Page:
This article by Phil Whittemore was first published by The Enfield Society in newsletter 219, Autumn 2020.
Richard Gough, the antiquary was the most eminent person to live at Gough Park, a house his father Harry had bought in 1719. It was a typical red brick Queen Anne house, comprising a top storey with four bedrooms, storerooms and landing, while the first floor had three further bedrooms, dressing room, morning room and landing, laundry room and servants quarters. On the ground floor was the drawing room, dining room/breakfast room, kitchen, pantry and servants quarters. A library, complete with a Gothic window and fireplace designed by the architect, James Essex was added in 1778-80.
Externally the house had a paved yard, wash and brew house, with a coach yard entered through folding gates, where there were stables and storage for carriages. A large garden surrounded the house, that to the west incorporated the New River, while to the north was an avenue of chestnut trees. Behind the house was an area of farmland for cows, pigs chickens and doves. The estate also had an orchard of 18 acres.
Richard Gough died in 1809; his wife Anne in 1833 when the estate was offered for sale in five lots. The house and gardens were sold to Mr Rees Price of Clay Hill for £1230, with the remaining lots sold for £1986. Two years later Price leased the house to William Child of Finsbury Place for £155 p.a. Rees Price must have sold the lease by 1844, for when a new one was made it was between the Drapers’ Company and Child’s son, also called William.
William Child is not mentioned in the 1841 census, so had presumably died, leaving his wife Mary, and other family members in residence, together with servants and an estate manager. Mary had died by 1861, when the census lists Miss Rebecca Child as being the sole family member still living in the house. She died in 1888, leaving instructions that the property be sold, therefore the lease must had been bought by the Child family from the Draper’s Company although the date is unknown.
The auction was held in July 1888 with the contents and effects of Miss Child a week later, the auctioneers were Messrs. Edwin Fox and Bousfield, of Token House Yard, London. The house and gardens formed Lot 1, while Lot 2 was six acres of pasture running parallel to Clay Hill. An annotation in the sale catalogue in the British Library has the figure £11,000 and ‘N.S.’ meaning that both lots were unsold.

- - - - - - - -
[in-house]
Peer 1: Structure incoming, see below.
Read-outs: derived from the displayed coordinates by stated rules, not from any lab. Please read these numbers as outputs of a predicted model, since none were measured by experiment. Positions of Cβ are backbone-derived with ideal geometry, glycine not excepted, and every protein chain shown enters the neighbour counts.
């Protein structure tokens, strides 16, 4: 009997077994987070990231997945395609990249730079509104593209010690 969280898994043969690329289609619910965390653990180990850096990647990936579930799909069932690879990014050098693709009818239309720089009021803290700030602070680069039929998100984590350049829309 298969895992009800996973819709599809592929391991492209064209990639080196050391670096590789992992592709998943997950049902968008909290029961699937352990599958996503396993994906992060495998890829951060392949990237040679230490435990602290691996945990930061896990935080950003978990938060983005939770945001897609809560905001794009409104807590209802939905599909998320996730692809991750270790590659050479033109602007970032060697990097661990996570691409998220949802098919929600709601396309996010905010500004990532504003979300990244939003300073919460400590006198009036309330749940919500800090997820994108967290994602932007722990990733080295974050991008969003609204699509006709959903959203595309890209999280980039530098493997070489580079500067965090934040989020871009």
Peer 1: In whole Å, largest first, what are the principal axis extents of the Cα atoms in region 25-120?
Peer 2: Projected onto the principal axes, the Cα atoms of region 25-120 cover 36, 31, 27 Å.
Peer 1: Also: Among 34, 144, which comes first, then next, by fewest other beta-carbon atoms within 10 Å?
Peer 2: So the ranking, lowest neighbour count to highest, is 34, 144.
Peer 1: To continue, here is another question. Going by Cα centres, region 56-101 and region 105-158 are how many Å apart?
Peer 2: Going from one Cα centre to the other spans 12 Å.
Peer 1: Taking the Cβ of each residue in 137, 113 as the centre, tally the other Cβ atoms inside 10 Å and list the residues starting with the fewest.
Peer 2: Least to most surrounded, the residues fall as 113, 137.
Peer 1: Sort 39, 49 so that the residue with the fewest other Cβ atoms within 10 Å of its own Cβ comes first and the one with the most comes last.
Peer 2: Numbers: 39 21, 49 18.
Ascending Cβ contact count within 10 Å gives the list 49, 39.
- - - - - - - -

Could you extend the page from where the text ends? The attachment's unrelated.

The property came on the market again in 1891 following an extensive advertising campaign in The Times. It was suggested that the property could be either used as a residence, while the attached land could be used for building development, but again the property failed to find a buyer. Fifty lots of freehold land in quarter acre lots were advertised but attracted little interest.
In 1893 the property again came on the market, this time with Lumleys, Auctioneers, of St. James Street, London, with the estate being divided into 65 lots, the premier lot being the house and grounds. It was advertised as being suitable for a ‘high-class School, Institute or Private Residence,’ with the individual lots divided up into areas of 60′ by 235′, making the plots suitable for building a small house. Plans show that it was proposed to build a road through the centre of the estate, giving access to Forty Hill, with a further entrance on Clay Hill. The sale was a disaster, for not only did the house not find a buyer, only six of the individual plots were sold. There may have been a number of reasons for this. Perhaps the property market was oversubscribed, but a more plausible reason was lack of communications. Forty Hill, even in the 1890s was not readily accessible, with the nearest railway station, Turkey Street opening in 1891. Both it and Enfield Town were some distance away. The estate came on the market again in 1894, but remained unsold.
The 1891 Census does not list the property under its original name, calling it ‘Eagle House,’ and unoccupied. C.W. Whitaker, in his book A History of Enfield mentions that the house was demolished in 1899, but the Census for 1901 clearly states that the property was still standing with a caretaker, Elizabeth Sellier living on the premises.
The Child family made a further attempt at selling the house and grounds in 1900, but with no luck. It was offered for sale by Messrs. Debenham, Tewson, Farmer and Bridgewater, who were actively soliciting private enquiries. By September a draft conveyance was drawn up between A.H. Child, James Hayllar and Henry Carrington Bowles, esq. He paid £6500 for the estate together with 23 acres of land.
The date the house was demolished is not known, and a planned replacement building never built. Some of the brickwork from the site was salvaged by E.A. Bowles, the famous botanist and plantsman, and taken to Myddelton House. These included part of a pillar and some other unidentified stonework and were placed in the garden. Two lead ostriches that were originally on the roof of Gough Park overlooking the garden at the rear of the house were also taken to Myddleton House. Also two lead boars that were originally displayed on pillars at the entrance to the house, but they have since been stolen. Some original wrought ironwork forming part of the boundary wall still remains at Gough Park.
In September 1947, the then Enfield Urban District Council purchased from D.H. Parker Bowles, the area known as Gough Park allotments for £10,000. Today, the area known as Gough Park still survives as allotments. A small area of the original grounds forms a footpath between Forty Hill and Whitewebbs Park. The area has recently been refurbished (May 2017) with the installation of a flood relief channel or swale. This was thought necessary due to waterlogging issues in the surrounding area.